Pima County issues air quality advisory - KVOA | KVOA.com | Tucson, Arizona

Pima County issues air quality advisory

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The Pima County Department of Environmental Quality (PDEQ) is issuing an air quality advisory due to elevated levels of ground-level ozone air pollution in the Tucson metropolitan area.

PDEQ warns If weather conditions remain similar, the next couple of days could have elevated readings also.

This is the 2nd advisory issued this year, following an April 10th advisory.

Individuals who are especially sensitive to air pollution may experience shortness of breath, coughing, throat irritation, wheezing and breathing discomfort.
If sensitive to ozone, individuals may want to limit outside exertion between noon and 6 p.m. when elevated levels of ozone pollution are more likely to occur. Intense outdoor physical activity causes faster and deeper breathing, which allows ozone to penetrate into parts of the lungs that are more likely to be injured.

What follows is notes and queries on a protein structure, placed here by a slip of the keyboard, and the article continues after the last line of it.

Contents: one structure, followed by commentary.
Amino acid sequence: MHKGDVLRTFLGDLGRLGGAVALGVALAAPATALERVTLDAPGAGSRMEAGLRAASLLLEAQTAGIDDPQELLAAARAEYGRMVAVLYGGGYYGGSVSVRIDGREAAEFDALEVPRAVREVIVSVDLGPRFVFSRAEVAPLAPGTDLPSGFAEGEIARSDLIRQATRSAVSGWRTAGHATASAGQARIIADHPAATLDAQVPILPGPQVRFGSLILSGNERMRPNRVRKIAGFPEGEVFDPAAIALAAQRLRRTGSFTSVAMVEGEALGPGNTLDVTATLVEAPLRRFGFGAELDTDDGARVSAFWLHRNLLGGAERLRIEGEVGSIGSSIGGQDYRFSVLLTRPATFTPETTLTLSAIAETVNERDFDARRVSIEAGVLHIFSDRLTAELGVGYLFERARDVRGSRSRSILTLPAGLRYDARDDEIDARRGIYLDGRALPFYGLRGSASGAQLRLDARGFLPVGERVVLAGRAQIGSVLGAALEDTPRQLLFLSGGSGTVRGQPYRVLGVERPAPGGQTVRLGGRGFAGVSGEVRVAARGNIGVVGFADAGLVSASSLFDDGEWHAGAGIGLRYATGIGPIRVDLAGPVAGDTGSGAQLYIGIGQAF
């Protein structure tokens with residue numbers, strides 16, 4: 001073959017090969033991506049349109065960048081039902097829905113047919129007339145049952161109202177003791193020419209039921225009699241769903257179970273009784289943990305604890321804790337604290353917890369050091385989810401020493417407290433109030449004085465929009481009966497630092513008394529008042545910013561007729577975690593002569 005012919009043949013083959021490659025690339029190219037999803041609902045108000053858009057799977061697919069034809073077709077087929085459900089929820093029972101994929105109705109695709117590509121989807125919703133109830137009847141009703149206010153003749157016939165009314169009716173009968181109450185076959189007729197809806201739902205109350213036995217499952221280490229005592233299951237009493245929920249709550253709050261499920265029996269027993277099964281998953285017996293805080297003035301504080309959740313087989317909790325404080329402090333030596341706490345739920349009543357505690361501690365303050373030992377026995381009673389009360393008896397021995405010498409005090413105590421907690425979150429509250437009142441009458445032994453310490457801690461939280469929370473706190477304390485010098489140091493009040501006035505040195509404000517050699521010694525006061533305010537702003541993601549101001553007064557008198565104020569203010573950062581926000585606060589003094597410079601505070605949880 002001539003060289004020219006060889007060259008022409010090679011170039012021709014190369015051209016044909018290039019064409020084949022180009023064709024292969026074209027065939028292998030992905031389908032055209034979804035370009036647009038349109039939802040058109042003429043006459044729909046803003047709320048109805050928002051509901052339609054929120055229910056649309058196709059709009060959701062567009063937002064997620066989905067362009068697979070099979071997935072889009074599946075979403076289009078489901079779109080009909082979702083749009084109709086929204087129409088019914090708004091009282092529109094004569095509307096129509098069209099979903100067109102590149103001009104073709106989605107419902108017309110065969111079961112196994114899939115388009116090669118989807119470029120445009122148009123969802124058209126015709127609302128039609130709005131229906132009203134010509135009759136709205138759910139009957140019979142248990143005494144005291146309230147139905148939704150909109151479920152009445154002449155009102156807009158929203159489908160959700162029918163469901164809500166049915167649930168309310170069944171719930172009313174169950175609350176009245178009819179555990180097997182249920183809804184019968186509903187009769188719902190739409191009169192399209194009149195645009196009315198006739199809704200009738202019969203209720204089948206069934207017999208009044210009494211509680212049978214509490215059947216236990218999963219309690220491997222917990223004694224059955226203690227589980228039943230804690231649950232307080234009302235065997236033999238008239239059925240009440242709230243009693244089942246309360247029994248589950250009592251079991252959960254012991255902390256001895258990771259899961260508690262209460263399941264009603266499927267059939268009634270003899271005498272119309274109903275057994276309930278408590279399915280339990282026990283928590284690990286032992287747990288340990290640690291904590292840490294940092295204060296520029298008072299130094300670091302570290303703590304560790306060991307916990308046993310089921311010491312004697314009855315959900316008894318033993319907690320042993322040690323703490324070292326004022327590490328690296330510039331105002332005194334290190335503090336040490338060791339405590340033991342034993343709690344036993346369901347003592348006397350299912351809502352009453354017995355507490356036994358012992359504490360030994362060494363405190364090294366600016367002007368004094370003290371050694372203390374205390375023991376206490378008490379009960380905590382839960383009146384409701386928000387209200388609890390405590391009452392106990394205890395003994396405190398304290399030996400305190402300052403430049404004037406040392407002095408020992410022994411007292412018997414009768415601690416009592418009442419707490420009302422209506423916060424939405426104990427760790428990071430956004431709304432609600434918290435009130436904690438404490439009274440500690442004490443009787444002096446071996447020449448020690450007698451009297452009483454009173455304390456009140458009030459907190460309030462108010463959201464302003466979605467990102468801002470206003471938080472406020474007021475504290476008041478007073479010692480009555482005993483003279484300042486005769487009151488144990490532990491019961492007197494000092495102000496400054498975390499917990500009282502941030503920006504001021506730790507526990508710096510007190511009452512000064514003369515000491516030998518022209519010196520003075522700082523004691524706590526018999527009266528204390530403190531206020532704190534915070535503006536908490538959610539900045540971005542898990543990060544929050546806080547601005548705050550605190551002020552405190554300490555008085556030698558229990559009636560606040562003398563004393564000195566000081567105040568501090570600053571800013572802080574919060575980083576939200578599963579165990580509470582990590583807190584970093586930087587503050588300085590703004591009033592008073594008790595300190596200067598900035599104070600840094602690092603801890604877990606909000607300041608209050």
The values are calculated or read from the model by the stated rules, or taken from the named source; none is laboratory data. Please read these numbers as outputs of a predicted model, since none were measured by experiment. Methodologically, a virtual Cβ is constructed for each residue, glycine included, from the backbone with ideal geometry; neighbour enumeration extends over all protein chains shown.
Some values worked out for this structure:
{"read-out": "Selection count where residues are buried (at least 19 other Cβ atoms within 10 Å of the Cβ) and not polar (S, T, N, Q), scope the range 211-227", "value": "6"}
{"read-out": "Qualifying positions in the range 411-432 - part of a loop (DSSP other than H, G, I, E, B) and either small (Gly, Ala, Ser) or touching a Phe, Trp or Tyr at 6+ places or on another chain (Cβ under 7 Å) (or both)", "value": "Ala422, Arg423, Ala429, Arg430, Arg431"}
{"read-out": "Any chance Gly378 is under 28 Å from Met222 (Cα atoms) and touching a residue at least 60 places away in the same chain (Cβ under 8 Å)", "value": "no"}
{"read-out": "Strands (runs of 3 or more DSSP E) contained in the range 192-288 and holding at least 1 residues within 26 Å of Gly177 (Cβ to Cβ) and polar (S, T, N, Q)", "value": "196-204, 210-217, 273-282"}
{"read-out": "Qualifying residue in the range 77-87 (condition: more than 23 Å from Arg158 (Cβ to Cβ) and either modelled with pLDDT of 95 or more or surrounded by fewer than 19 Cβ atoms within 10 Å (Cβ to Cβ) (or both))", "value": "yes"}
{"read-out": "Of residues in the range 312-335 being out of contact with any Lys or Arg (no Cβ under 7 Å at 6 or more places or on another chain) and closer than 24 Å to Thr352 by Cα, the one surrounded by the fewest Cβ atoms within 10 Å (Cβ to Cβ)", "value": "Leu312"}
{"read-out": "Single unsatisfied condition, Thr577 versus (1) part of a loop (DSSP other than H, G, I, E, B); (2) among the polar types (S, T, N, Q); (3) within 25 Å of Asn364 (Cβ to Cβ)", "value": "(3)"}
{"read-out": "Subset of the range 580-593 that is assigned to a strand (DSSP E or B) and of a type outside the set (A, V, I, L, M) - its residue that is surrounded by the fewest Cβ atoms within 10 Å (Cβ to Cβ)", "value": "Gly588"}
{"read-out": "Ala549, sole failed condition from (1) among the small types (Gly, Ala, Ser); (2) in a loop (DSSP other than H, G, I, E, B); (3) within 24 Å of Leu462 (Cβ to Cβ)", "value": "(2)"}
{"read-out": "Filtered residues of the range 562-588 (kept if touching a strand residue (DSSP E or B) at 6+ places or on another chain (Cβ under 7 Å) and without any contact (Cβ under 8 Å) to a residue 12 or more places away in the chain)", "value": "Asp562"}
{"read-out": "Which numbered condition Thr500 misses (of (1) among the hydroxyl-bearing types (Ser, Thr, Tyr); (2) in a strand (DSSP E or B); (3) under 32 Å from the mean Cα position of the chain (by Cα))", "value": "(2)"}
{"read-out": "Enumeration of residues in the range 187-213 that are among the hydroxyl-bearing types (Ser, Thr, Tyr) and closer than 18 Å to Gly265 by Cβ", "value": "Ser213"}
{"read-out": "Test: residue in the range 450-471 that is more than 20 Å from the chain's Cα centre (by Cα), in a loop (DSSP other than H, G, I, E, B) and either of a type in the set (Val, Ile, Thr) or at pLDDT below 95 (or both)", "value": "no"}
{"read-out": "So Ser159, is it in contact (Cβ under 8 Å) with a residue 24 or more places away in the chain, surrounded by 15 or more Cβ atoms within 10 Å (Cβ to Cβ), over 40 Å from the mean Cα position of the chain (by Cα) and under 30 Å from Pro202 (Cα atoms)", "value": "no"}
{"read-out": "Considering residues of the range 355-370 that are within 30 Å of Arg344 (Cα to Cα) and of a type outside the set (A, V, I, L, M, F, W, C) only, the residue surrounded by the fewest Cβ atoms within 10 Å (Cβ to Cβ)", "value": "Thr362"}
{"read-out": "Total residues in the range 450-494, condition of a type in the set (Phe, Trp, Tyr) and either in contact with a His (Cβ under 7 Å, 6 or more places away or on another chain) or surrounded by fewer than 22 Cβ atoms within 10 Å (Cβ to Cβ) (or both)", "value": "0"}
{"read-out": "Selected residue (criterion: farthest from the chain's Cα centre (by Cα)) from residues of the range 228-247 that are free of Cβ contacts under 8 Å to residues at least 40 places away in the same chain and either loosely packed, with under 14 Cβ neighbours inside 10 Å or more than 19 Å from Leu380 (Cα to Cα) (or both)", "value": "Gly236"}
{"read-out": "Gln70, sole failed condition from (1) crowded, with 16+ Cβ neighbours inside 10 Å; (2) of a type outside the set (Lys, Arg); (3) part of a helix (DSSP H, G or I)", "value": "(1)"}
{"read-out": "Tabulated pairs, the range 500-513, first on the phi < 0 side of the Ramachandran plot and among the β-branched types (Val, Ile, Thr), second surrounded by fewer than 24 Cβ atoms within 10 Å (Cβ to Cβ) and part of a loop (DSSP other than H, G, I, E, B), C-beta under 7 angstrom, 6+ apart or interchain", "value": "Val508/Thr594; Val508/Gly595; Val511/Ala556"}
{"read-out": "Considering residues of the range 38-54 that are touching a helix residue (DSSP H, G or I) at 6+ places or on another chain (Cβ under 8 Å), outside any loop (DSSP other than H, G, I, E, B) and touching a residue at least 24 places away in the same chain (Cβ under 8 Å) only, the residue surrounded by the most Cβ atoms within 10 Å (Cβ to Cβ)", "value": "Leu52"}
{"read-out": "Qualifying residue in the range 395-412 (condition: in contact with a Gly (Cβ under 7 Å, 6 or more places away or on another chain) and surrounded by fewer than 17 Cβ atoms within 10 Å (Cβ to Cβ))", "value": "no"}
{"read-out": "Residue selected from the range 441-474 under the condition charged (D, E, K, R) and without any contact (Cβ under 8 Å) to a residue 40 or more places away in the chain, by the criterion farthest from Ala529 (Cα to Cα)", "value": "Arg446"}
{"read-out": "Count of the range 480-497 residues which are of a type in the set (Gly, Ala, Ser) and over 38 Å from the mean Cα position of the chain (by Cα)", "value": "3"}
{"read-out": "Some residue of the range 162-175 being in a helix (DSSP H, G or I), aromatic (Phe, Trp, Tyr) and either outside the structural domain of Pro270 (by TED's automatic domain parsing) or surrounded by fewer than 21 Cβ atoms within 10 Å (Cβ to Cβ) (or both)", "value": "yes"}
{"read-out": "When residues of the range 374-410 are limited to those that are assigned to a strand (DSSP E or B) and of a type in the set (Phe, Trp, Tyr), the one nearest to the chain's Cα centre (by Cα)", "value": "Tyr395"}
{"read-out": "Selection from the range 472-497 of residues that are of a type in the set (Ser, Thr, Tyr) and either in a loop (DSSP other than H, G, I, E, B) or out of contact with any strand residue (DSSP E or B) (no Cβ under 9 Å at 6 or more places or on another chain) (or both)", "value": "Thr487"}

Those who tend to be more sensitive to ozone include children, adults who are active outdoors, people with respiratory diseases, and certain individuals who have an unusual sensitivity to this particular air pollutant. Individuals who are feeling symptoms should seek medical attention, if necessary.
There are many types of emissions that contribute to the creation of ground-level ozone.

Motor vehicle exhaust, industrial and power plant emissions, gasoline vapors, chemical solvents, as well as natural sources such as wildfires, emit oxides of nitrogen and volatile organic compounds that form ozone in the presence of intense sunlight.

The following are actions we can take to reduce the production of ground level ozone:

  • Reduce driving - combine errands into one trip
  • Ride the bus, bike, walk or share a ride with friends and family
  • Avoid idling your vehicle’s engine. Refrain from long drive-thru lines - park and go inside instead
  • Re-fuel your car after 6 p.m. when fumes are less likely to form ozone
  • While re-fueling, always stop at the click
  • Make sure your gas cap is tightly sealed after re-fueling
  • Check your tire pressure monthly to reduce gasoline use and associated pollution
  • Use low VOC or water-based paints, stains, finishes and paint strippers
  • Avoid using gas-powered lawn and gardening equipment
  • Conserve electricity to reduce emissions from power plants

PDEQ monitors air pollution in our region at 16 air quality monitoring stations. Up-to-the-hour air pollution levels are available in the air monitoring section of the PDEQ website.

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